Global financial institution and state lender, the World Bank recently published its latest brief on migration and development data and the highlight of the report is the latest figures on global remittances. According to the World Bank, in 2017 total annual remittances to low and middle-income countries rose to a record US$466 billion.

This number is an 8.5% increase from a US$429 billion total recorded in 2016. All global regions experienced improved remittances with leader countries for specific regions recording strong and solid inflows. India registered the highest remittances inflows of US$69 billion followed by China with US$64 billion, the Philippines (US$33 billion), Mexico (US$31 billion),  Nigeria (US$22 billion) and Egypt (US$20 billion).

The global market for remittances – which also takes into account remittances for high-income countries – also recorded an increase from $573 billion in 2016 to $613 billion in 2017, a 7% increase.

According to the World Bank, the increase in global remittances was powered by growth in Europe, the Russian Federation, and the United States and aided by increased oil prices and firmer performances from currencies like the Euro and Russia’s ruble.

The figures recorded for low and middle-income countries in 2017 are anticipated to increase this year, with the World Bank making an estimate of a 4.1 percent rise to take the total to $485 billion. Global remittances are expected to grow to $642 billion a 4.6 percent increase.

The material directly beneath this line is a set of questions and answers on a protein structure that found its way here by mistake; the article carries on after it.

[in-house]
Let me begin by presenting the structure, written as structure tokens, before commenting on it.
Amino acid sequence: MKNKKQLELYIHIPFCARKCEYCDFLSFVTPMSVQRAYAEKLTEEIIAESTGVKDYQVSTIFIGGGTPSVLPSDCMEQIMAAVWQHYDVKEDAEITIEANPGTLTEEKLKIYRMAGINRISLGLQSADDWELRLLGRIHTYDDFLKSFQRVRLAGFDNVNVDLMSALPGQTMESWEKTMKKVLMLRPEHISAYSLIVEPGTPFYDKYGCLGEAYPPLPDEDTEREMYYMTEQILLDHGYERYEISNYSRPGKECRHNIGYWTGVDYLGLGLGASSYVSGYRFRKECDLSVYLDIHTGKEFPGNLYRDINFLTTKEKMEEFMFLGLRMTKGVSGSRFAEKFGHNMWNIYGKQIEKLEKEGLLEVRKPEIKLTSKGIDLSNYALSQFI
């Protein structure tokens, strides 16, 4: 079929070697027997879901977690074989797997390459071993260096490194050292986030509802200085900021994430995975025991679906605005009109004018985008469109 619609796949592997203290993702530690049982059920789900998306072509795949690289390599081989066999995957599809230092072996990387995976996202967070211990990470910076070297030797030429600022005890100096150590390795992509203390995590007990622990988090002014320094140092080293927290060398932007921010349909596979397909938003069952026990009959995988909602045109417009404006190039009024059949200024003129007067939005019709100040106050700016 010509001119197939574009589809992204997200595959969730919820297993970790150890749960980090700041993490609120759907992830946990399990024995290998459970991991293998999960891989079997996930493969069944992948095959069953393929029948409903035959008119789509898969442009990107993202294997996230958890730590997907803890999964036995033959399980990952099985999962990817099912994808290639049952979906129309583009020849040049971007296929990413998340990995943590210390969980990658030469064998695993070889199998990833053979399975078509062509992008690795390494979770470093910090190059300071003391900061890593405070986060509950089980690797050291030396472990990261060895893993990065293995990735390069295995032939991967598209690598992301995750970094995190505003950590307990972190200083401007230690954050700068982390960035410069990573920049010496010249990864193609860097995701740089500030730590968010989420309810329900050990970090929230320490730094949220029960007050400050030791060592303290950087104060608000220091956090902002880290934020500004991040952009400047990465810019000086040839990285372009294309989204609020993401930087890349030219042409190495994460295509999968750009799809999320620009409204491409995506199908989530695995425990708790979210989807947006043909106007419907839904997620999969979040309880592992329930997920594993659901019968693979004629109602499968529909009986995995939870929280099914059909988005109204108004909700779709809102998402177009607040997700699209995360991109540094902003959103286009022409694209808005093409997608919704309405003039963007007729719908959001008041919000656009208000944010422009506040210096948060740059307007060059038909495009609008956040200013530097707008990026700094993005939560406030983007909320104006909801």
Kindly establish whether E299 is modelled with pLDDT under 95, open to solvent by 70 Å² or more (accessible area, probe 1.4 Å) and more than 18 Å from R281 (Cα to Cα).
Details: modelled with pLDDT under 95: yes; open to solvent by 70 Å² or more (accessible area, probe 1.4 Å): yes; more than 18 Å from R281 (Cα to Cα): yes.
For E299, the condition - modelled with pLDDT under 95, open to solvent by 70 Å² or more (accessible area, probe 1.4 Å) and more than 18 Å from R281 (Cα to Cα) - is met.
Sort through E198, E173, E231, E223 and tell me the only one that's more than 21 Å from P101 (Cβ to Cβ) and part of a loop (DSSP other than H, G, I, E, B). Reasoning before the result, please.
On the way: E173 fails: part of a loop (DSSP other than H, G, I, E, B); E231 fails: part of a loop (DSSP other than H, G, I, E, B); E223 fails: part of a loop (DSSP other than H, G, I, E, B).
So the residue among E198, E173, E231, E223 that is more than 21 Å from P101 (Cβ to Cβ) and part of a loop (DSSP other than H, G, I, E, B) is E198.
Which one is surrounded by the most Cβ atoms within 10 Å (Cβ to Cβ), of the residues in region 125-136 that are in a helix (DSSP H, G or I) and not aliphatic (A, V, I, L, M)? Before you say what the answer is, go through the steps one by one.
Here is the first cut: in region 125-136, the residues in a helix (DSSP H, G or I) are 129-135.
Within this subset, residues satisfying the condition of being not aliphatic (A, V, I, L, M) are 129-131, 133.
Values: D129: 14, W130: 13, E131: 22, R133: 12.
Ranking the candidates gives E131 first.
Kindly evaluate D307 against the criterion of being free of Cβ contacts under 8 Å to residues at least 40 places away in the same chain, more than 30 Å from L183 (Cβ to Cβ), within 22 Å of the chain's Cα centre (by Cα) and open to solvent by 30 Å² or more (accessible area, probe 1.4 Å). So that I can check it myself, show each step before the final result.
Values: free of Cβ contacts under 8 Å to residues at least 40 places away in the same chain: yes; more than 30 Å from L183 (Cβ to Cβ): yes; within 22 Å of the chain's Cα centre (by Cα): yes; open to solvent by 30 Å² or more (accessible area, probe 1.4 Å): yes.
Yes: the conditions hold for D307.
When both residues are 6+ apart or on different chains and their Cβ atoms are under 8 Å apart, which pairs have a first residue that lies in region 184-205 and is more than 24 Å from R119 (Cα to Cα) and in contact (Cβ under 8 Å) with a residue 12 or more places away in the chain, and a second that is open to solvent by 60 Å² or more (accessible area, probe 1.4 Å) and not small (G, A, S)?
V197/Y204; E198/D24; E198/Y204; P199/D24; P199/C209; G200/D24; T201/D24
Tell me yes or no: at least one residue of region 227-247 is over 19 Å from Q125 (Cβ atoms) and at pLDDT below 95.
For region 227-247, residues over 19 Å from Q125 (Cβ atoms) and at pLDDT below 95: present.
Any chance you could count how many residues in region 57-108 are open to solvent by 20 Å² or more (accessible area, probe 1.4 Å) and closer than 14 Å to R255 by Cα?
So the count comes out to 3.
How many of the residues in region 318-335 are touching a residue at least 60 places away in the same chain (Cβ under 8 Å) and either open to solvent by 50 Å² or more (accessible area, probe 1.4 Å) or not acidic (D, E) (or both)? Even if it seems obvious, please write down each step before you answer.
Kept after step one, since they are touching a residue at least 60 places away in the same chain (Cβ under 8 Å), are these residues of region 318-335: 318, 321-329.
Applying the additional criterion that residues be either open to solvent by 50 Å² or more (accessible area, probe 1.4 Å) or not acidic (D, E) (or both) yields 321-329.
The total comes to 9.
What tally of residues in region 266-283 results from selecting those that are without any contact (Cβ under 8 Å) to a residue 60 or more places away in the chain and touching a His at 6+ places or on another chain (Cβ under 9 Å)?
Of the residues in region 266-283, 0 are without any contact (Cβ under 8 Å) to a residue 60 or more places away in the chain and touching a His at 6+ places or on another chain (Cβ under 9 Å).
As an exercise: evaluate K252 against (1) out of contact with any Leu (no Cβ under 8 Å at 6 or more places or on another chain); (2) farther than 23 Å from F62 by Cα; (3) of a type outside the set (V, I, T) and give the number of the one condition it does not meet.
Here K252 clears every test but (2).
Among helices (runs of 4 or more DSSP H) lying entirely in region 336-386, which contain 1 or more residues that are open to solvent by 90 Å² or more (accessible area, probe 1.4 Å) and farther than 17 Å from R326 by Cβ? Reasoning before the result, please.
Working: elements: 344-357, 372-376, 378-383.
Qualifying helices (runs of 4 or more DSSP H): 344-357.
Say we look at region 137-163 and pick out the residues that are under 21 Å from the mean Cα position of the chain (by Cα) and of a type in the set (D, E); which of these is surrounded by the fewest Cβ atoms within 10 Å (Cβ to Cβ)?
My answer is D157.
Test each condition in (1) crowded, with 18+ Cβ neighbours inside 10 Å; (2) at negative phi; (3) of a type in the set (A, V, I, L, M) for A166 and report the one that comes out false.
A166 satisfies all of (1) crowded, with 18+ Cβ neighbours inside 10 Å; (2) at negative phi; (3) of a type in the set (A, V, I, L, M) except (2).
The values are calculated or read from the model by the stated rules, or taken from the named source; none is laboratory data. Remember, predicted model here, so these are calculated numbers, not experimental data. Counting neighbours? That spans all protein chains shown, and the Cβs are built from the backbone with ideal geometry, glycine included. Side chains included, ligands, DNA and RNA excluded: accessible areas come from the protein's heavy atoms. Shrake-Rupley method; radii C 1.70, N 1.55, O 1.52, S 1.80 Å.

Together with a brief on the issues affecting remittances growth like the risks of transit migration, the report also zeroed in on the high costs of remittances especially for regions like Sub Saharan Africa with the highest charges in the world. The average cost of remittances to countries in this region is 9.4%, which exceeds the global average of 7.1%.

Technology is referenced as one of the solutions to reducing the barriers to remittances, especially regarding high charges. Cryptocurrencies are emerging as one such solution to this challenge.

In Africa. startups like Golix have embraced these digital currencies as a tool for remittances, providing an avenue for sending and receiving money across all borders with the lowest possible charges and added advantages such as micro-transactions and the elimination of middlemen that have requirements which migrants are often unable to meet.